The best way to tell when your okra is ready for harvesting is to keep an eye on the flowers. Pods are usually ready to pick five to six days after the plant blooms. Harvesting takes place every other day from July through August.
The way to harvest okra is to wear gloves and long sleeves when picking pods to prevent the possibility of getting a rash from the small spines, and use garden shears or a sharp knife to gently cut the pods from the plant without bruising them.
Ways I Store Okra After Harvesting
Okra harvesting takes place over a month or two, and it’s vital to know how to store your veggies to keep them fresh, especially if you grow a high-yielding plant like Annie Oakley. Fortunately, there are several ways to store okra, including the refrigerator and freezer.
Okra pods have a very short shelf life, and refrigeration is necessary. Wrap the pods in a paper towel and put them in a perforated plastic bag, or set them in a paper bag and keep them in the fridge for two to three days. Keep them dry since moisture causes them to become slimy.
For longer storage, the best way to preserve okra is by freezing them. Wash the okra pods, cut off the stem, and blanch them in boiling water for three minutes. Transfer the pods to an ice water bath to halt the cooking process and drain them before moving to the next step.
To stop the pods from sticking while freezing, spread them in a single layer on a cookie sheet and flash-freeze them for several hours.
Slide the frozen pods into a freezer bag or airtight container and put them back into the freezer. Frozen okra lasts up to nine months when stored in this manner.
If you prefer not refrigerating or freezing okra, these veggies are great candidates for pickling, canning, and drying for long-term storage. Canning okra and tomatoes is a southern favorite.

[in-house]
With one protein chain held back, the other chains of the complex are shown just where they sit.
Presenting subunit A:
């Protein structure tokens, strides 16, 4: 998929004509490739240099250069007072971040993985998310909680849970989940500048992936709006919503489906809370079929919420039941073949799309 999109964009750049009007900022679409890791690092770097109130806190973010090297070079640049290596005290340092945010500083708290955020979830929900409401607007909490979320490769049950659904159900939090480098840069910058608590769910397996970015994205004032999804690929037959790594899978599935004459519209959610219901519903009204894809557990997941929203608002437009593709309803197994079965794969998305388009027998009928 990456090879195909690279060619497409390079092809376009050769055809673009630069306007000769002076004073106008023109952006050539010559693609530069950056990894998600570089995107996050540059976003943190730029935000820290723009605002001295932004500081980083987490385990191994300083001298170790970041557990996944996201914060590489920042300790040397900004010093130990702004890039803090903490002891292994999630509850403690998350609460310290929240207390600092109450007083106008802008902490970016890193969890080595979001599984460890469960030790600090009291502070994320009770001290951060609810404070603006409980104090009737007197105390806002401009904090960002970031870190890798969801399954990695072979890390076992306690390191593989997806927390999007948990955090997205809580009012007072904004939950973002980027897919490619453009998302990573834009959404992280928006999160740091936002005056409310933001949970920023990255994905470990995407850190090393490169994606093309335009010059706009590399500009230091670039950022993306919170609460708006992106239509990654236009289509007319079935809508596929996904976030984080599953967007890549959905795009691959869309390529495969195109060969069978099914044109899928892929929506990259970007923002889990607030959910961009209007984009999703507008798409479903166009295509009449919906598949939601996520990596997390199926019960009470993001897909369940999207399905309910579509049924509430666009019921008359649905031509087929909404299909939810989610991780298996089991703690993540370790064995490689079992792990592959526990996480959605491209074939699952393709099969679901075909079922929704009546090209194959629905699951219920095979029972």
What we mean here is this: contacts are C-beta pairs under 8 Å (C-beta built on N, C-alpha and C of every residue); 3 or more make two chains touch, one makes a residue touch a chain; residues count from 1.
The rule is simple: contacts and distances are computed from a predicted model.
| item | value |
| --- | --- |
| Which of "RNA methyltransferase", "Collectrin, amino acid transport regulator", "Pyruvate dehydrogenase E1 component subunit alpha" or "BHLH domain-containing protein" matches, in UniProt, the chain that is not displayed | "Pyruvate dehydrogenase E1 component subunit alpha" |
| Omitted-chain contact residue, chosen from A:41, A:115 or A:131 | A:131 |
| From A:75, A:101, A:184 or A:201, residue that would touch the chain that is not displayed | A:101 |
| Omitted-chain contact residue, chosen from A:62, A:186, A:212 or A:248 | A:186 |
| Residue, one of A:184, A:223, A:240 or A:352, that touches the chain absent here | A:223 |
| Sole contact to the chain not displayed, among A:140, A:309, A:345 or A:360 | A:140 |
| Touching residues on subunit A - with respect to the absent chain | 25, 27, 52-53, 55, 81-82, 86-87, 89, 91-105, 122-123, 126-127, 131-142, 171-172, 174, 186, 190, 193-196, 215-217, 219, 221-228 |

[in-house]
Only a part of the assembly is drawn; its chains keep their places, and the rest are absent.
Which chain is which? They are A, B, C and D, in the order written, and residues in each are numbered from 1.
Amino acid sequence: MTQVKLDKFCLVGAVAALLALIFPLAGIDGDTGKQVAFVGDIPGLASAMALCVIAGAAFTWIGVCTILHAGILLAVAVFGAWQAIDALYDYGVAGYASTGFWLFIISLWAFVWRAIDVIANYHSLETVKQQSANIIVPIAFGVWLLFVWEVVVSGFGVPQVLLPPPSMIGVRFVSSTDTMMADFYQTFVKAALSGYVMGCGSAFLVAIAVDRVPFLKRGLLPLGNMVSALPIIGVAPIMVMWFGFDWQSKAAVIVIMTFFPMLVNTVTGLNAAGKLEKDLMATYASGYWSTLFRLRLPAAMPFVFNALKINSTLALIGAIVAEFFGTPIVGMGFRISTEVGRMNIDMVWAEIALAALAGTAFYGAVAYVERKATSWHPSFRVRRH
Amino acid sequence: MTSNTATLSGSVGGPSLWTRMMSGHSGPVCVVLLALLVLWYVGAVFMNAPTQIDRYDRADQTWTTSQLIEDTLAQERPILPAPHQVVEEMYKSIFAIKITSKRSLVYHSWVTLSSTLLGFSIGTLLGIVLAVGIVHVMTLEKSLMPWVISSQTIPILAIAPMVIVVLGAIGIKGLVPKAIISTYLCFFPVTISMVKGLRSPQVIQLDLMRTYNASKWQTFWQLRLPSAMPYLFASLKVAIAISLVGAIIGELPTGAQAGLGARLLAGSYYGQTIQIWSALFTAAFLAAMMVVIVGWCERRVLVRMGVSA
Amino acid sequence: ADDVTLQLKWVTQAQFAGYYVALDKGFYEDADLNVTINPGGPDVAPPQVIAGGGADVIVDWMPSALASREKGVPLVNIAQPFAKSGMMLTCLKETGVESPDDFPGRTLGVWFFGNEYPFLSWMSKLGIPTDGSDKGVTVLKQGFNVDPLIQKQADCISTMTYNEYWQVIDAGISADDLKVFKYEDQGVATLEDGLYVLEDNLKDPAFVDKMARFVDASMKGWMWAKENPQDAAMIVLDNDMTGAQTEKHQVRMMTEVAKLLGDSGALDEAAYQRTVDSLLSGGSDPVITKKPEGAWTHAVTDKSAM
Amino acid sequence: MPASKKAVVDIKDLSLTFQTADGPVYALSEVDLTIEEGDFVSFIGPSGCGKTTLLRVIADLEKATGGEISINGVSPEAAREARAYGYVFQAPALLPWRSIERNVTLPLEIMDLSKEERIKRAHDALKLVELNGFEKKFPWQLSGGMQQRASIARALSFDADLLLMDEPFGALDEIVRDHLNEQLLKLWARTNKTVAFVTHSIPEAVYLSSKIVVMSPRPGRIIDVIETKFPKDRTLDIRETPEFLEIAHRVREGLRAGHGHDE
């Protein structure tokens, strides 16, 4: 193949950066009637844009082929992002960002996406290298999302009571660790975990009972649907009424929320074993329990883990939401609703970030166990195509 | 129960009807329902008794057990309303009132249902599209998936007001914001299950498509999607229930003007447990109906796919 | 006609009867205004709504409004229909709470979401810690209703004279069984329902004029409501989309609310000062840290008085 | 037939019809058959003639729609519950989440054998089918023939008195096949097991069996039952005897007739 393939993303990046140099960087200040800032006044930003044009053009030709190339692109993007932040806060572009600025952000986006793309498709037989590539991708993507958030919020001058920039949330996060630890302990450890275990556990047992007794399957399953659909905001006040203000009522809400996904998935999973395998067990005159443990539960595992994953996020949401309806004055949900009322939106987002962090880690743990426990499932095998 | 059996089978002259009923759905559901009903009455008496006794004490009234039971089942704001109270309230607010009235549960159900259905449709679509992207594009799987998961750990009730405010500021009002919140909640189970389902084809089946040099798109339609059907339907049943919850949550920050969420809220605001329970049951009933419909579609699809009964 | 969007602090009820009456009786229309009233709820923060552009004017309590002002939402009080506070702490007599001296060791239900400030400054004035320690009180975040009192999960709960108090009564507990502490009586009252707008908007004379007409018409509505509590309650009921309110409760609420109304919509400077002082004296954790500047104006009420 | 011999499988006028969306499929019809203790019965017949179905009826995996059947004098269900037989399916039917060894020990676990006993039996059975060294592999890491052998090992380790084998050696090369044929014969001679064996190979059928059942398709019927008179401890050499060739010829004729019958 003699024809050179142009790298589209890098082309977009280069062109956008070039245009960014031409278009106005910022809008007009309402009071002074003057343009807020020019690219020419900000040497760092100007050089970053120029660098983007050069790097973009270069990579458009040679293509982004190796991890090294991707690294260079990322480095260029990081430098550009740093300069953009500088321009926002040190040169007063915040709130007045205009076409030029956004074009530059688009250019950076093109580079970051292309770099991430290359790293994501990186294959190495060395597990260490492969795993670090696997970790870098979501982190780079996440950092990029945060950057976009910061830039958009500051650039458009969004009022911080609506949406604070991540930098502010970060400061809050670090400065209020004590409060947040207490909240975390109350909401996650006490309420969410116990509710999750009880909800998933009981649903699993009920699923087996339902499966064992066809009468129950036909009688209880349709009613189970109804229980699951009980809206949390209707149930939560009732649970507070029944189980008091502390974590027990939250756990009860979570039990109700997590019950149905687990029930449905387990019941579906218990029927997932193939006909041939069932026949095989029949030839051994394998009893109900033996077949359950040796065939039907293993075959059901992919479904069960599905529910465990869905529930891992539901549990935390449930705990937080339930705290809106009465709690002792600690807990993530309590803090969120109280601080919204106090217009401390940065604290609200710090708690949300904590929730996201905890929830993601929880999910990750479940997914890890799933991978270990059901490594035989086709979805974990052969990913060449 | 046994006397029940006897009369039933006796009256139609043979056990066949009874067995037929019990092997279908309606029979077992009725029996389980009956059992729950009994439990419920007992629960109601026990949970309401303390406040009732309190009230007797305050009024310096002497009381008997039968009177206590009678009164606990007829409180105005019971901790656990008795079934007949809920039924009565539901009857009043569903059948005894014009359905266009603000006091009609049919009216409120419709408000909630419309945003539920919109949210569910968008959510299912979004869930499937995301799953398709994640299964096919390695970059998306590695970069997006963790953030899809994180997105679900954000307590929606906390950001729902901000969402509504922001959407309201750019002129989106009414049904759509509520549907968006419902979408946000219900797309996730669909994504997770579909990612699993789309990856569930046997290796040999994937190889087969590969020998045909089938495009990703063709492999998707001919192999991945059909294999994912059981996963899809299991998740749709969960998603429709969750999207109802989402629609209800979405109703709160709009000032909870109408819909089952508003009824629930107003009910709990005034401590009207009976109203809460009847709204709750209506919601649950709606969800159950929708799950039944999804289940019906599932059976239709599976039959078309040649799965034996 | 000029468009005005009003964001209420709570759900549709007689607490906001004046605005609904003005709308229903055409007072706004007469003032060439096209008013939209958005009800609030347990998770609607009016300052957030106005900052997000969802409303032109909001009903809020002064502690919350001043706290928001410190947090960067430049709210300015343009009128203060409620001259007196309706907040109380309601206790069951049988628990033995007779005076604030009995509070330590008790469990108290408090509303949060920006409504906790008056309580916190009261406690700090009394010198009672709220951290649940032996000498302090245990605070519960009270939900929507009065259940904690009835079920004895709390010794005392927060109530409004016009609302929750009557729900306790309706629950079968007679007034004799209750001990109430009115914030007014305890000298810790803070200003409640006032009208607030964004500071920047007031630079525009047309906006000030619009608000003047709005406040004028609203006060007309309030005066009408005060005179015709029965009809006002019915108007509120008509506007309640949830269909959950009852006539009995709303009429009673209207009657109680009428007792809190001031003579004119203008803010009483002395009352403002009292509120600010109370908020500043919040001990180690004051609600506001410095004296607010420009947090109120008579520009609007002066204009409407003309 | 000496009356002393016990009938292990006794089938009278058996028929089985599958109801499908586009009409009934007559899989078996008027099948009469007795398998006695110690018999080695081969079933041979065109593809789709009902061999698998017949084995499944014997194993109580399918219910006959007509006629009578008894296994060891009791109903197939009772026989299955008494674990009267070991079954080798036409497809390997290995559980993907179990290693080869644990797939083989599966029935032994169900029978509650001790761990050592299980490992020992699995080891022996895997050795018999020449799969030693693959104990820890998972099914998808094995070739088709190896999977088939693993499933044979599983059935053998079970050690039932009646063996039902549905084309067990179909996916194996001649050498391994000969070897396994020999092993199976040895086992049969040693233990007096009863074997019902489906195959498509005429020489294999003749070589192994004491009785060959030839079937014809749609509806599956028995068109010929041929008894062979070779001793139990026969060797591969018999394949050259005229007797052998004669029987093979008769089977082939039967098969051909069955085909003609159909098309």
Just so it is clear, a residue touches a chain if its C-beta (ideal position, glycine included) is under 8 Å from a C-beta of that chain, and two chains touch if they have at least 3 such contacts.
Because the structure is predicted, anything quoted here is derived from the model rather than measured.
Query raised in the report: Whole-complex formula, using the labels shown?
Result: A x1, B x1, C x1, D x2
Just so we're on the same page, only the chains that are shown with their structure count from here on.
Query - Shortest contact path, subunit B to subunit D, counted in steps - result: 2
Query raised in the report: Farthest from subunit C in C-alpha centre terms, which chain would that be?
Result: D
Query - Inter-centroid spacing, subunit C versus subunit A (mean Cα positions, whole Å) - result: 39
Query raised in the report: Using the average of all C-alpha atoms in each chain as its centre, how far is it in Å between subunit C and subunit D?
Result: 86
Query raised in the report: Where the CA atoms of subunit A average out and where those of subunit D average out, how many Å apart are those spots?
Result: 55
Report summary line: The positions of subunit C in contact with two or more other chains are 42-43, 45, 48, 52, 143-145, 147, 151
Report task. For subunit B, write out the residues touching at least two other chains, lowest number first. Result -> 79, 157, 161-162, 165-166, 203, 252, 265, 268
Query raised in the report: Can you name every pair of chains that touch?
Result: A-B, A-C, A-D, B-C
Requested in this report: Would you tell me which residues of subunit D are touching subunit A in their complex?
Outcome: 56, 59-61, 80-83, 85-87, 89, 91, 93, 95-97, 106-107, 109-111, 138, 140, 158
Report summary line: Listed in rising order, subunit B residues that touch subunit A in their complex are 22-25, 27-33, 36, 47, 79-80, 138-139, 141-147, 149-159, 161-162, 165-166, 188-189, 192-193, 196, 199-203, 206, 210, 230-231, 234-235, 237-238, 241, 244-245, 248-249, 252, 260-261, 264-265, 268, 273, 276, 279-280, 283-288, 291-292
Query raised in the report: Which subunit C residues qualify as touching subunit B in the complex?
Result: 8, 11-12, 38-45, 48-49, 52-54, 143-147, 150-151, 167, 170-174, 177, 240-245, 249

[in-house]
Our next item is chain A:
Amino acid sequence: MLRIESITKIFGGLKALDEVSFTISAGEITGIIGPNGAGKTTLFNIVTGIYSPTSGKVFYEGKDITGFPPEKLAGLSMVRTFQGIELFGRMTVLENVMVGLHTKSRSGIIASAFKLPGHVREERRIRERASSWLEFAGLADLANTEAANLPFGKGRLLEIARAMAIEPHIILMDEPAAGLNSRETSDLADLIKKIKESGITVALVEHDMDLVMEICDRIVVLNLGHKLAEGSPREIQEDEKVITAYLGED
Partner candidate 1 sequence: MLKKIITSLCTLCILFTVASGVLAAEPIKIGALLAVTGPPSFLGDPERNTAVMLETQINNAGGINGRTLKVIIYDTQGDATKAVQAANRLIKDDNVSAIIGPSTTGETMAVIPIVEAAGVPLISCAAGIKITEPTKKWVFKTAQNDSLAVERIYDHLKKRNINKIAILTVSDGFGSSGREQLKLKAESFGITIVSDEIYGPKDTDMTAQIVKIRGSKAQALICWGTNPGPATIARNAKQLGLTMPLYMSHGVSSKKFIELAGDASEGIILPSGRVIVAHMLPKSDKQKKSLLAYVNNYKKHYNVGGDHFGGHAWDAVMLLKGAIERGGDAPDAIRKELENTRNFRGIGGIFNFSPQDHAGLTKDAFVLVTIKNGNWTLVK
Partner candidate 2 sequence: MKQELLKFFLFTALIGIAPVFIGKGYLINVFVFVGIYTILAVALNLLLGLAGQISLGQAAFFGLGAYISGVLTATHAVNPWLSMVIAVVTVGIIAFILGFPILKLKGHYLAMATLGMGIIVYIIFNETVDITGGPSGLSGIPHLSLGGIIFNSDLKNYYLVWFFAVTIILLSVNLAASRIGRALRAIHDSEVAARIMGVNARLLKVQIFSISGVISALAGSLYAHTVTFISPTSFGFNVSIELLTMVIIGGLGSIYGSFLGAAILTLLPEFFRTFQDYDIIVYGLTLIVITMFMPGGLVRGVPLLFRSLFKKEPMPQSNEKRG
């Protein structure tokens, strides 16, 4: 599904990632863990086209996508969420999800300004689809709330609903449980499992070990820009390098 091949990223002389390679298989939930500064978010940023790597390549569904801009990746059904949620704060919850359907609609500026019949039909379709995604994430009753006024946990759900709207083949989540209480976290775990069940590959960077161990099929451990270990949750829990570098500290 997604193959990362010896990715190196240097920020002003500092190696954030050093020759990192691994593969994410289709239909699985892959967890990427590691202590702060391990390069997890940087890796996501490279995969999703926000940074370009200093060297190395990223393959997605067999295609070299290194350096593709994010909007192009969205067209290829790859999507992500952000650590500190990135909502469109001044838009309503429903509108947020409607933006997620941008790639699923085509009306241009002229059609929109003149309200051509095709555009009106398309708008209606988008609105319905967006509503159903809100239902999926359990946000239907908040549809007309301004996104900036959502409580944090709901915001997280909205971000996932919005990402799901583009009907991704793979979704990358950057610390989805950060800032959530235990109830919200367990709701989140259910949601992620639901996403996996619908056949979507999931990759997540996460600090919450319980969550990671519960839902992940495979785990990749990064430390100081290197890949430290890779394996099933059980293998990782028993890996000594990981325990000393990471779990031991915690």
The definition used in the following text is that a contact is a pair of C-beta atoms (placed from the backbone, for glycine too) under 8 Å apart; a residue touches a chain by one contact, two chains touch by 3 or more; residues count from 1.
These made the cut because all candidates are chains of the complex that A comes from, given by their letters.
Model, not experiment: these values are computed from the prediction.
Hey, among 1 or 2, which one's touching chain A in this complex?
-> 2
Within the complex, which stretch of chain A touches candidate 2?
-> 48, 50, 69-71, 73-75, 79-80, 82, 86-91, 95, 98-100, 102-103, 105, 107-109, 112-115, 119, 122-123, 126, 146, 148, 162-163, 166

How I Make Southern-Style Fried Okra Patties
While gumbo is the go-to for using fresh okra, nothing says the south like a flavorful and crispy fried okra patty. They’re lovely for snacking or as a side dish and a great way to use up okra pods after a bountiful harvest.
Heat one inch of oil in a skillet until it reaches 375 degrees F. Combine the okra, onion, black pepper, salt, and egg in a mixing bowl and add the flour, cornmeal, and baking powder.
Gently drop spoonfuls of the okra batter into the hot oil and fry them for two minutes per side or until golden brown. Remove the fried patties from the pan with a slotted spoon and drain on a paper towel.
Okra pods have a unique flavor, and cooking gives them more depth, making them perfect for roasting, frying, and boiling in soups.
However you enjoy eating these tasty veggies, they are even better when they’re fresh from the garden, and growing your own keeps your kitchen well-stocked throughout the season.
We hope you enjoyed learning how to grow okra and prepare it in a dish, and we’d love it if you’d share our okra growing tips and plant care guide with your social circle on Pinterest and Facebook.